There’s been no shortage of turnover in Chicago this summer, with the team acquiring Olli Maatta, Calvin de Haan, Andrew Shaw, and Alexander Nylander, signing Robin Lehner, and drafting Kirby Dach, while watching Dominik Kahun, John Hayden, Gustav Forsling, Marcus Kruger, and Henri Jokiharju depart. Yet, the re-shaping of the roster may not be done yet. Blackhawks insider Jay Zawaski of the Madhouse Chicago Hockey Podcast reports that the team is actively shopping young forward Brendan Perlini.
Perlini, 23, is currently a restricted free agent looking for his first deal following the expiration of his entry-level contract. While the big winger was trending towards a nice pay day through his first two NHL seasons with the Arizona Coyotes, the status quo is much less clear since Perlini was dealt to the Blackhawks this past season alongside Dylan Strome. While Strome took off in Chicago, Perlini struggled and only began to find his game late in the season. Altogether, Perlini recorded just 15 points in more than half a season with the Blackhawks and never looked to fully gain the trust of the coaching staff. While it’s obvious that this could cause a rift between the team and player when it comes to contract negotiations, there was never any indication that it went so far as Chicago seeking to trade Perlini rather than re-sign him, at least until now.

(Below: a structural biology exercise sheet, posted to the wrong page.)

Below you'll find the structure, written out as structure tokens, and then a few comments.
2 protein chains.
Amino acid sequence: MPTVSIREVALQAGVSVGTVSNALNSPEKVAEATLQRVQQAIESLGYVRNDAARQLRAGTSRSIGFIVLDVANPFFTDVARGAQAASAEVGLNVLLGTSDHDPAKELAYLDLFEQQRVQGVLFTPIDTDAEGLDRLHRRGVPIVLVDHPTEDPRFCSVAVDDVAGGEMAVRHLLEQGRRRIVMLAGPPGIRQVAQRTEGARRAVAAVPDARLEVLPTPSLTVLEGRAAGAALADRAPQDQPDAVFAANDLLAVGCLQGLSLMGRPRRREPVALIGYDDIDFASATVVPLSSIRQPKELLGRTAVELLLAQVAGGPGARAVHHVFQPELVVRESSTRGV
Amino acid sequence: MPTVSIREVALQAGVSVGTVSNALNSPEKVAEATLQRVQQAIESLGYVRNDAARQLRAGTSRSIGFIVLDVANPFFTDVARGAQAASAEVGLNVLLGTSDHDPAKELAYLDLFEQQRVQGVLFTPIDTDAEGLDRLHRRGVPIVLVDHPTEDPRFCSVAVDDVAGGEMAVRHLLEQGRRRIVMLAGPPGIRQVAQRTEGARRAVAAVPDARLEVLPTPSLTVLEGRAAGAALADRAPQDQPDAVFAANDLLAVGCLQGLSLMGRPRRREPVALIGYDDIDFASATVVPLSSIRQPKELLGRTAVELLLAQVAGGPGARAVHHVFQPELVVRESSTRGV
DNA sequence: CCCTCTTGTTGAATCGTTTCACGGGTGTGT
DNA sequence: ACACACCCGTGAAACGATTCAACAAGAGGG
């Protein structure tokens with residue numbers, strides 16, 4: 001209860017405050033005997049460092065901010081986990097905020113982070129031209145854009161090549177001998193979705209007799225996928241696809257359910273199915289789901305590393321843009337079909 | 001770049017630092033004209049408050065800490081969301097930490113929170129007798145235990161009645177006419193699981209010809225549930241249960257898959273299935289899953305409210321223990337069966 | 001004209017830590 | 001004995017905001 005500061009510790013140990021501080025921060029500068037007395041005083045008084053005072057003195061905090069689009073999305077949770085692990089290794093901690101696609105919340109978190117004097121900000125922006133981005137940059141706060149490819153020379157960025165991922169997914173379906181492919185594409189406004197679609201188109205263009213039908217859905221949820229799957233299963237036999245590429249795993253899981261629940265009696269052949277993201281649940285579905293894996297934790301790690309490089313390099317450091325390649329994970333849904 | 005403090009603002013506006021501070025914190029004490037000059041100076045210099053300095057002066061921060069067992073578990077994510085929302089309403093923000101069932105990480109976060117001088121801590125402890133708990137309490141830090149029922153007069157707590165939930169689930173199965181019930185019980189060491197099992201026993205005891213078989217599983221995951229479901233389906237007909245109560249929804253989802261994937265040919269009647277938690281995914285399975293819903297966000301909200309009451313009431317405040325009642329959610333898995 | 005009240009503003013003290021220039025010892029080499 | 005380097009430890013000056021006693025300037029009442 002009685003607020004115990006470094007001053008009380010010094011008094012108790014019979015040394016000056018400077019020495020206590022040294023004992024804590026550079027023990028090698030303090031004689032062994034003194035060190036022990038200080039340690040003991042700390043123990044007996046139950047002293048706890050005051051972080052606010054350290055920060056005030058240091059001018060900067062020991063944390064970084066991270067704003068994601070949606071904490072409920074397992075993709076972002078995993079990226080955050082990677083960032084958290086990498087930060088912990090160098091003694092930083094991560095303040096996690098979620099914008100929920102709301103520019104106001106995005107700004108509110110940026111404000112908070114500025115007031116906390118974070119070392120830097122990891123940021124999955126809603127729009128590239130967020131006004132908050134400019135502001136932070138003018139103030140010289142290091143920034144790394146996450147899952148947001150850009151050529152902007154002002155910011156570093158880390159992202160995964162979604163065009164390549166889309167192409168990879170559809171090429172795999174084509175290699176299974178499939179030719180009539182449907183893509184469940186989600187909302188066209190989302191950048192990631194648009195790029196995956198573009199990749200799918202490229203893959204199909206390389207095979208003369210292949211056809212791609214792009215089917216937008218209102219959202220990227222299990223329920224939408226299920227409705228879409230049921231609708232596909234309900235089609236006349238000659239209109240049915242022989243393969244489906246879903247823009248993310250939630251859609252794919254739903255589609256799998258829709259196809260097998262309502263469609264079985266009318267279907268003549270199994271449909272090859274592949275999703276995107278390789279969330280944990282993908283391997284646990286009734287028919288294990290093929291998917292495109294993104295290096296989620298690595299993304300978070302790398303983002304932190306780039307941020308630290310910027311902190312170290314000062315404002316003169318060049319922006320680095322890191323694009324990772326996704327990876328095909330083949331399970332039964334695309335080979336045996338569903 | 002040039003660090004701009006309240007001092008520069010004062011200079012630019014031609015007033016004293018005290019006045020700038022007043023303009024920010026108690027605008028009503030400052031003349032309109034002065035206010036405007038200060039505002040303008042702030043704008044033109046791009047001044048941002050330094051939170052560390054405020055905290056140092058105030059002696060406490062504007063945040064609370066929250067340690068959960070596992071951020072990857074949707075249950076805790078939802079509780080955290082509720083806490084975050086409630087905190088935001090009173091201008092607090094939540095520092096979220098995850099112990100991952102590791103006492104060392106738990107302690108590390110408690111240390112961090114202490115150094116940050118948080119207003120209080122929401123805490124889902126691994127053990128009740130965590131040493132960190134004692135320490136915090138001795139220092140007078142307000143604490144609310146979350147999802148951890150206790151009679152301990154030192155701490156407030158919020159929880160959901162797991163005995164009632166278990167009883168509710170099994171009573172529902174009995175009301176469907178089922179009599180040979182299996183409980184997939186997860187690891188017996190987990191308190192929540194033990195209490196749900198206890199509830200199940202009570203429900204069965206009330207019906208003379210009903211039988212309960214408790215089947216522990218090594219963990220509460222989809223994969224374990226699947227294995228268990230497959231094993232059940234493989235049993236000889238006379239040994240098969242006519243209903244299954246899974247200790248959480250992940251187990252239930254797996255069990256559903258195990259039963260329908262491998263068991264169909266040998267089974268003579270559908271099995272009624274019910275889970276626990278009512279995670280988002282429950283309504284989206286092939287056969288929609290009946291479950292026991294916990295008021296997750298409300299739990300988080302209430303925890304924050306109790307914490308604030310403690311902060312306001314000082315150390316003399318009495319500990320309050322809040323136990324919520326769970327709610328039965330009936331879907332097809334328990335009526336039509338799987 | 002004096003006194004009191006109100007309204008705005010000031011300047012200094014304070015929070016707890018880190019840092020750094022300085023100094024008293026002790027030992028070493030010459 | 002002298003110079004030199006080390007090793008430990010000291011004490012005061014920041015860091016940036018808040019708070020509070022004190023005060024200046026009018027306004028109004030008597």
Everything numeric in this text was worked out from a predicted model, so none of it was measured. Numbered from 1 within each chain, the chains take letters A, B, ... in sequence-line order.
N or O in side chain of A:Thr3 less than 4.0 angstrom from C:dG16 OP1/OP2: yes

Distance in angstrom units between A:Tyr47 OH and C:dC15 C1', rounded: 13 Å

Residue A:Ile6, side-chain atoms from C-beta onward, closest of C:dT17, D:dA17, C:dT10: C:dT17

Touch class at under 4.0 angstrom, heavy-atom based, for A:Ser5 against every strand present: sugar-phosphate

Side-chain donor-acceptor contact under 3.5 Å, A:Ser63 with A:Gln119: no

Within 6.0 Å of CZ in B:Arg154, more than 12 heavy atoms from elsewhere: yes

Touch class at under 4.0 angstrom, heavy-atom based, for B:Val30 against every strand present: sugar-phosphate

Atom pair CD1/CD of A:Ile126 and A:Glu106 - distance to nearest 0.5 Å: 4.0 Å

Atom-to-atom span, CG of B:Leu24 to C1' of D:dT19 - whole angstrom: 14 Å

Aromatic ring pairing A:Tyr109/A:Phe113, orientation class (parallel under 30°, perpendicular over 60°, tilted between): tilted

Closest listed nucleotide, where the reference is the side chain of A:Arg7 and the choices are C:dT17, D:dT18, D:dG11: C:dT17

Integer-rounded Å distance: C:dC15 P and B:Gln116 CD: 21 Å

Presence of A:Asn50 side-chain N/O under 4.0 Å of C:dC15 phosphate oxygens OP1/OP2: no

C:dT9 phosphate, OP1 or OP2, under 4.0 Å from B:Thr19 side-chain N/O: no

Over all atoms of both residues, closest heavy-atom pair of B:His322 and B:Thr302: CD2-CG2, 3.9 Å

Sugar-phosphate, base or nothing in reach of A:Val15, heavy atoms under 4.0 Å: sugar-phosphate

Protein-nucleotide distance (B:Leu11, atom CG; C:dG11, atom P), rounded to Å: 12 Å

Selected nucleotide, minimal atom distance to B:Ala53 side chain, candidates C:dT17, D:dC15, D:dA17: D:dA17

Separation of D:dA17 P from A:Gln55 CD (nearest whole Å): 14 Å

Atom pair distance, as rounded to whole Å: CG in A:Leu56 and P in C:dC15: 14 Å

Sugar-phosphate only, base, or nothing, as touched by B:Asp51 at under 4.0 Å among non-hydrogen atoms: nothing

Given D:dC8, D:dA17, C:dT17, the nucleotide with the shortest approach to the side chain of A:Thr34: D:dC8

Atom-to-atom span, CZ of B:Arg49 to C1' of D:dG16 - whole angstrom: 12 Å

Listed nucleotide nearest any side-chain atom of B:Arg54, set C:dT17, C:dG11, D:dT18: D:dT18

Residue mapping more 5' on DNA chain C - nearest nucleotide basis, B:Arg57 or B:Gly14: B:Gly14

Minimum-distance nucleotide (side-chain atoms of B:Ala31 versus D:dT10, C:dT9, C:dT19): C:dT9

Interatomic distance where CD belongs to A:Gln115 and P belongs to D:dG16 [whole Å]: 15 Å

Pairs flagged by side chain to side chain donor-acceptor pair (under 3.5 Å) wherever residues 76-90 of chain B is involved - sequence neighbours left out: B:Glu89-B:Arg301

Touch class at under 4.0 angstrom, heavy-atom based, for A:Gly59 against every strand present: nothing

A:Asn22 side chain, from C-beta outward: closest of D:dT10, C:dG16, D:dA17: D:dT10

With very little salary cap space remaining – approximately $2.04MM according to CapFriendly – and a lineup that still needs three more forwards, the Blackhawks have to be both creative and careful with how they fill out the roster. If the team is struggling to convince Perlini, a player they might not be sold on, to take a deal that fits within their cap constraints, then shopping him makes sense. On the other hand, they could be giving up too quickly on a young player who dealt with a change of scenery but has previously looked like a future 20-goal scorer. It never hurts to test the trade waters and see what the return may be for a player, but Chicago will have to make sure that they’re moving Perlini for the right reasons and for a fair return or risk ending up on the wrong side of a potential deal.